We have unpacked these types of evidence in PLD and looked at positives and negatives as well as possibilities of each mode.
PLD around modes…
Assessment Task Development
We have looked at how to develop our own tasks for NCEA that ensure we are allowing for portfolios of evidence, while still ensuring we meet the requirements of the standards and allow learners the opportunity to achieve the standard, with fair, valid reliable and robust tasks.
Also developing exemplars of tasks to help support staff and documentation to support this…
So these previous parts show some of the systems that need to be in place to enable a shift in assessment practice. In addition to this, I am also lucky enough to be a part of a team with Paula Wine-Deputy Principal in the Junior High focussing on teachers inquiring into their own practice on assessment capability, also inquiring into building assessment capability in their akonga and looking at evidence of impact on positive student outcomes. As a whole school, we have aligned our three Professional Learning Groups (PLGs) to our strategic goals. Teachers have opted into one of the PLGs that have the foci of…
- Māori achieving success as Māori
- Student agency
- Assessment Capabilty
We are underway with the PLGs and staff are focusing into areas of interest… aspects that are being looked at include…
- Learning focussed relationships
- Quality feedback-feed forward
- Assessment for learning/assessment as learning
- Use of rubrics/solo/etc…
- Development of exemplars? WAGOLLs -What a good one looks like!
- Effective Learning Intentions and Success criteria
- Making Learning visible
- Exploring modes of assessment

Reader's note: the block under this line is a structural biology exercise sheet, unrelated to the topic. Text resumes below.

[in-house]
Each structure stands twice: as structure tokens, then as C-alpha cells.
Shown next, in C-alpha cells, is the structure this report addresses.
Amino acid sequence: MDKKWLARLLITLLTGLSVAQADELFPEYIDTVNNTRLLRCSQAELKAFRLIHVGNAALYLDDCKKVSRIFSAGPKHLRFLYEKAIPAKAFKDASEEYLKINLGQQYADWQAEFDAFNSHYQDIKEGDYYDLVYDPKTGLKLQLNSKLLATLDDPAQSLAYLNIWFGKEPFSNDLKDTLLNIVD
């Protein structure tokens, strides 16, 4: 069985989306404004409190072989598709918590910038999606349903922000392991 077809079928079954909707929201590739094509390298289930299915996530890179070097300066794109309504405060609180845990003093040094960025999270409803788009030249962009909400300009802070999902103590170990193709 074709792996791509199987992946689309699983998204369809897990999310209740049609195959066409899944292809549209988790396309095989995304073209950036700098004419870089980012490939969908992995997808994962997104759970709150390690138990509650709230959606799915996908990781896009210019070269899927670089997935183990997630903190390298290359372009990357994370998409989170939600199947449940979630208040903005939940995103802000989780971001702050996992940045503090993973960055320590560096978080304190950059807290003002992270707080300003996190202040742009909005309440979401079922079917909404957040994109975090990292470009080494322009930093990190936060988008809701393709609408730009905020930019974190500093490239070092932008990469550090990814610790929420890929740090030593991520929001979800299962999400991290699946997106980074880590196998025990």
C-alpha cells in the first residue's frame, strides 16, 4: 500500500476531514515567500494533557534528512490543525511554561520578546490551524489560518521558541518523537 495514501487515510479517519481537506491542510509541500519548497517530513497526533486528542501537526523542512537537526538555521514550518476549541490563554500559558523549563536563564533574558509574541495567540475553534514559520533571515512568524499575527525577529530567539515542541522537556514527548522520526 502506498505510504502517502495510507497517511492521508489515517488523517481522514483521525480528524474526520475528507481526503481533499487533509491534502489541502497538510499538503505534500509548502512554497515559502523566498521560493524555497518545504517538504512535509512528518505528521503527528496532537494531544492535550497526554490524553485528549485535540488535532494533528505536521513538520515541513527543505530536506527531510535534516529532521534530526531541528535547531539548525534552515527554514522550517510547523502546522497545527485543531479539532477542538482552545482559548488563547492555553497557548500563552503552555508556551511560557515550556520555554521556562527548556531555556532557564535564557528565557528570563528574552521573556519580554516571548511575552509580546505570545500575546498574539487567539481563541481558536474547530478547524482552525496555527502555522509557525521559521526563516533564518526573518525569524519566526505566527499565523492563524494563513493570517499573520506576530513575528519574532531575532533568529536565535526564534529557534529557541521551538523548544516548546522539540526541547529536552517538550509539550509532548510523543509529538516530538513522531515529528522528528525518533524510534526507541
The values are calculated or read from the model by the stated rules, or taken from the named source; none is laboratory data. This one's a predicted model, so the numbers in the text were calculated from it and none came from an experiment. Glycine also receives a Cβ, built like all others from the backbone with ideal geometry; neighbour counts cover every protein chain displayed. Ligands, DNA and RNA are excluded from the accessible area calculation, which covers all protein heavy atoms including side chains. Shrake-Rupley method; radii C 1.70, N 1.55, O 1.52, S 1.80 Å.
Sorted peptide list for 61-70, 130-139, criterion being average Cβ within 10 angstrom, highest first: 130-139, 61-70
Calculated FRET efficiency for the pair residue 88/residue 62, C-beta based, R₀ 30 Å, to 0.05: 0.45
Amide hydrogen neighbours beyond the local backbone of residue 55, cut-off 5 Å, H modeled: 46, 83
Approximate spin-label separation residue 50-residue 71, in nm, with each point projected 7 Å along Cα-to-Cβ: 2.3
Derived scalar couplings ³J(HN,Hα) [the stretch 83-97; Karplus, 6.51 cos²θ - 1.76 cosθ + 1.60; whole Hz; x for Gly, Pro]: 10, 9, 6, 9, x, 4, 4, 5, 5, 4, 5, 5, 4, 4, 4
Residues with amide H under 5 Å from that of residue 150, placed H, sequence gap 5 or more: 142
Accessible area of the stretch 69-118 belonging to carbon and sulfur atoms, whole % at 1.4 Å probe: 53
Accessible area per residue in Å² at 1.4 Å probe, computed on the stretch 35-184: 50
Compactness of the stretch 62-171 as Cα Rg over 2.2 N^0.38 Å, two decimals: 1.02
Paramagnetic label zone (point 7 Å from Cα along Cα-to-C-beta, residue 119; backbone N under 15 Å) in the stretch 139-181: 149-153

- Student agency in assessment
- Teaching your students how to give themselves and others feedback (assessment capable learners)
- Impact of previewing on learning progress
- Teaching ‘learning to learn’ strategies (ASK)
- Exploring how SOLO taxonomy can help students reflect & differentiate your feedback
- and more…
Some exciting stuff that I look forward to seeing grow in their inquiries and also supporting and learning from along the way….
Supported with reading and learning such as…
All of this is being scaffolded along the way by Arinui and just as we are wanting with our NCEA, teachers are collecting their evidence in an on-going way…
In addition to this, the other thing that we have been developing alongside this is also a shift in reporting practice…
Here is an overview of this process….
We are ensuring that reporting is not something happening at the end of semesters, when no shifts can be made to students learning and achievement. We have a process of teachers giving feedback on curriculum levels and CLOAK Values before the middle of the semester. Teachers also write comments that are blind and not proofed on where students are at and where to next. The Kaiārahi (advisors) then collate all the feedback, feed forward and conference the small group of students that they have in their whānau (advisory). This occurs and is sent out mid semester and gives times for students to act on feedback and improve on their achievement.
This is an exemplar of the Kaiārahi conference from Semester one:
The criteria for CLOAK Values that we also report on were co-constructed with our students in our whānau time.
Students are also tracking their own achievement in NCEA and looking to align this with vocational pathways, so that achievement is not just sitting in silos.
Here is an example of this…
So my take on things at the end of this is, if we don’t want NCEA driving things, if we want to be responsive to our students and value the process of learning over final outcomes, or rather make the final outcome the process of learning, there needs to be supports, scaffolds and building of assessment capability for our staff and our students. In addition, this is ideally through inquiry, is informed by research and measures improved student outcomes. So let’s shift it, sit alongside our students, look at quality not quantity and push those walls out the way…..